Peter Sculthorpe

Peter Sculthorpe

Photo courtesy of Bridget Elliot Photography

Peter Sculthorpe was born in Launceston, Tasmania, in 1929. He was educated at Launceston Church Grammar School, the University of Melbourne and Wadham College, Oxford.

Sculthorpe’s catalogue consists of more than 350 works and, apart from juvenilia, a good part of it is regularly performed and recorded throughout the world. The composer wrote in most musical forms, and almost all his works are influenced by the social climate and physical characteristics of Australia. Furthermore, Aboriginal and Torres Strait Island music and the gamelan music of Indonesia were significant influences upon his musical language. His most recent works included the String Quartet No. 18 (2010), Shining Island (2011) for strings, and Pastorale (1949/2013) for orchestra. Significant, recent premieres also included the first performance, in 2013, of the cantata The Great South Land. The texts and musical material for the cantata were reworked from Sculthorpe’s 1982 television opera Quiros.

Sculthorpe had a deep love for his country and for its landscape, which he regarded as sacred. Because of this, one of the most constant themes in his output was the protection of Australia’s environment, as well as that of the whole planet. His preoccupation with the frailty of the human condition can be found in works such as the choral Requiem (2004) and String Quartet No.16 (2006). The former grew from his concern about women and children being killed in the war in Iraq, the latter from the plight of people in detention.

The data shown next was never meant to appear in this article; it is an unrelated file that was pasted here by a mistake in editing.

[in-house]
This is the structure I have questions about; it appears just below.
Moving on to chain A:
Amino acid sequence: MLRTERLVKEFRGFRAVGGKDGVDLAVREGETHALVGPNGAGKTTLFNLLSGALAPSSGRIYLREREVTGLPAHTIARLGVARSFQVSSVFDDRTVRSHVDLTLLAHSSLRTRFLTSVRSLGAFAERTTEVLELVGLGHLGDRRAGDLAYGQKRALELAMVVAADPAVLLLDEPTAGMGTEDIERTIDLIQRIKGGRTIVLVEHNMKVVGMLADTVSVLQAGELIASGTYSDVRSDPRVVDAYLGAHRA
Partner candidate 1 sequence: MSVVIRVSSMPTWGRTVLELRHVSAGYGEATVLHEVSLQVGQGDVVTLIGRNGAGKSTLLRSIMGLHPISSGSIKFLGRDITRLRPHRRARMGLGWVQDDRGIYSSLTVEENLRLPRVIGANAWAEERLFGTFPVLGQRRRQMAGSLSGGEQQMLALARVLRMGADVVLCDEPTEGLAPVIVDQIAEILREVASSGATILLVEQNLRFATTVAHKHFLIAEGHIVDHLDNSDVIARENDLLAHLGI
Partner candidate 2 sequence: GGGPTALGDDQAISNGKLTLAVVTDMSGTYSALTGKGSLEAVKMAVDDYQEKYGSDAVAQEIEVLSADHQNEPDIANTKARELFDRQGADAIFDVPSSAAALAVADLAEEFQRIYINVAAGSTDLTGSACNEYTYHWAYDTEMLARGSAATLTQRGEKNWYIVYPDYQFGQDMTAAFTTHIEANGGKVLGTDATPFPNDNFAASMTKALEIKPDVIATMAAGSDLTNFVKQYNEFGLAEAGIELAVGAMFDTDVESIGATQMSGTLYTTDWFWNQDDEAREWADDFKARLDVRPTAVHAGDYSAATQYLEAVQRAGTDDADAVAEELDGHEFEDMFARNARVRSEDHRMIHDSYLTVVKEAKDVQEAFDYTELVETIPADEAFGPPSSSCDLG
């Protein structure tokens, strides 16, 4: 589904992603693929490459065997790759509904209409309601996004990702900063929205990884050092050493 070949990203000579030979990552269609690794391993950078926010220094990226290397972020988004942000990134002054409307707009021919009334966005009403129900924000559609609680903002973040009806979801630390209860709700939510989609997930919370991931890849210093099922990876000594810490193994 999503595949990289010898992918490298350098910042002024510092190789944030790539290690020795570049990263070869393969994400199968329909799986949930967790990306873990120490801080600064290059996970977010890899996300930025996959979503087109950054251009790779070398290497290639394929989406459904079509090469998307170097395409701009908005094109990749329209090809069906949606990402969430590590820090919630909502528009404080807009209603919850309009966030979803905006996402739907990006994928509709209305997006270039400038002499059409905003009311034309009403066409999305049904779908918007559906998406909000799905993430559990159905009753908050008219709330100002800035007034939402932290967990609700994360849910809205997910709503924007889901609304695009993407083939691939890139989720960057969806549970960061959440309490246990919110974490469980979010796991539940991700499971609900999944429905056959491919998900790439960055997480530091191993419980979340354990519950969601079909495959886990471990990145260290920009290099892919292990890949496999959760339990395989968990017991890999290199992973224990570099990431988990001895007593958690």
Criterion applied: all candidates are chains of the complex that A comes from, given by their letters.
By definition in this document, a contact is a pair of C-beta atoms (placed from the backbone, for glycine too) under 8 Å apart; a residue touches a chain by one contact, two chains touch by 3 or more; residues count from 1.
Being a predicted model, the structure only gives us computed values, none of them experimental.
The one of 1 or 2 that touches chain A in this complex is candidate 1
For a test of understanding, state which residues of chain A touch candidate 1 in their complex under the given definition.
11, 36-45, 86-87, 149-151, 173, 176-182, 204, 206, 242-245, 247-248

He was Emeritus Professor at the University of Sydney, where he began teaching in 1963. He also taught at music institutions and universities both within and outside Australia, and held honorary doctorates from Tasmania, Melbourne, Sussex, Griffith and Sydney. In 1977 he was appointed OBE and was the recipient of a Silver Jubilee Medal. He was appointed AO in 1990.

The recipient of many awards, Sculthorpe regarded the most important as being chosen as one of Australia’s 100 Living National Treasures (National Trust of Australia, 1997), Distinguished Artist 2001 (International Society for the Performing Arts), Honorary Foreign Life Member (American Academy of Arts and Letters, 2003) and one of the 100 Most Influential Australians (The Bulletin magazine, 2006). In 2012, Sculthorpe received the Award for Distinguished Services to Australian Music as part of the yearly Art Music Awards by Australian Music Centre and APRA AMCOS

(Reproduced with kind permission from the AMC website at www.australianmusiccentre.com.au)

www.petersculthorpe.com.au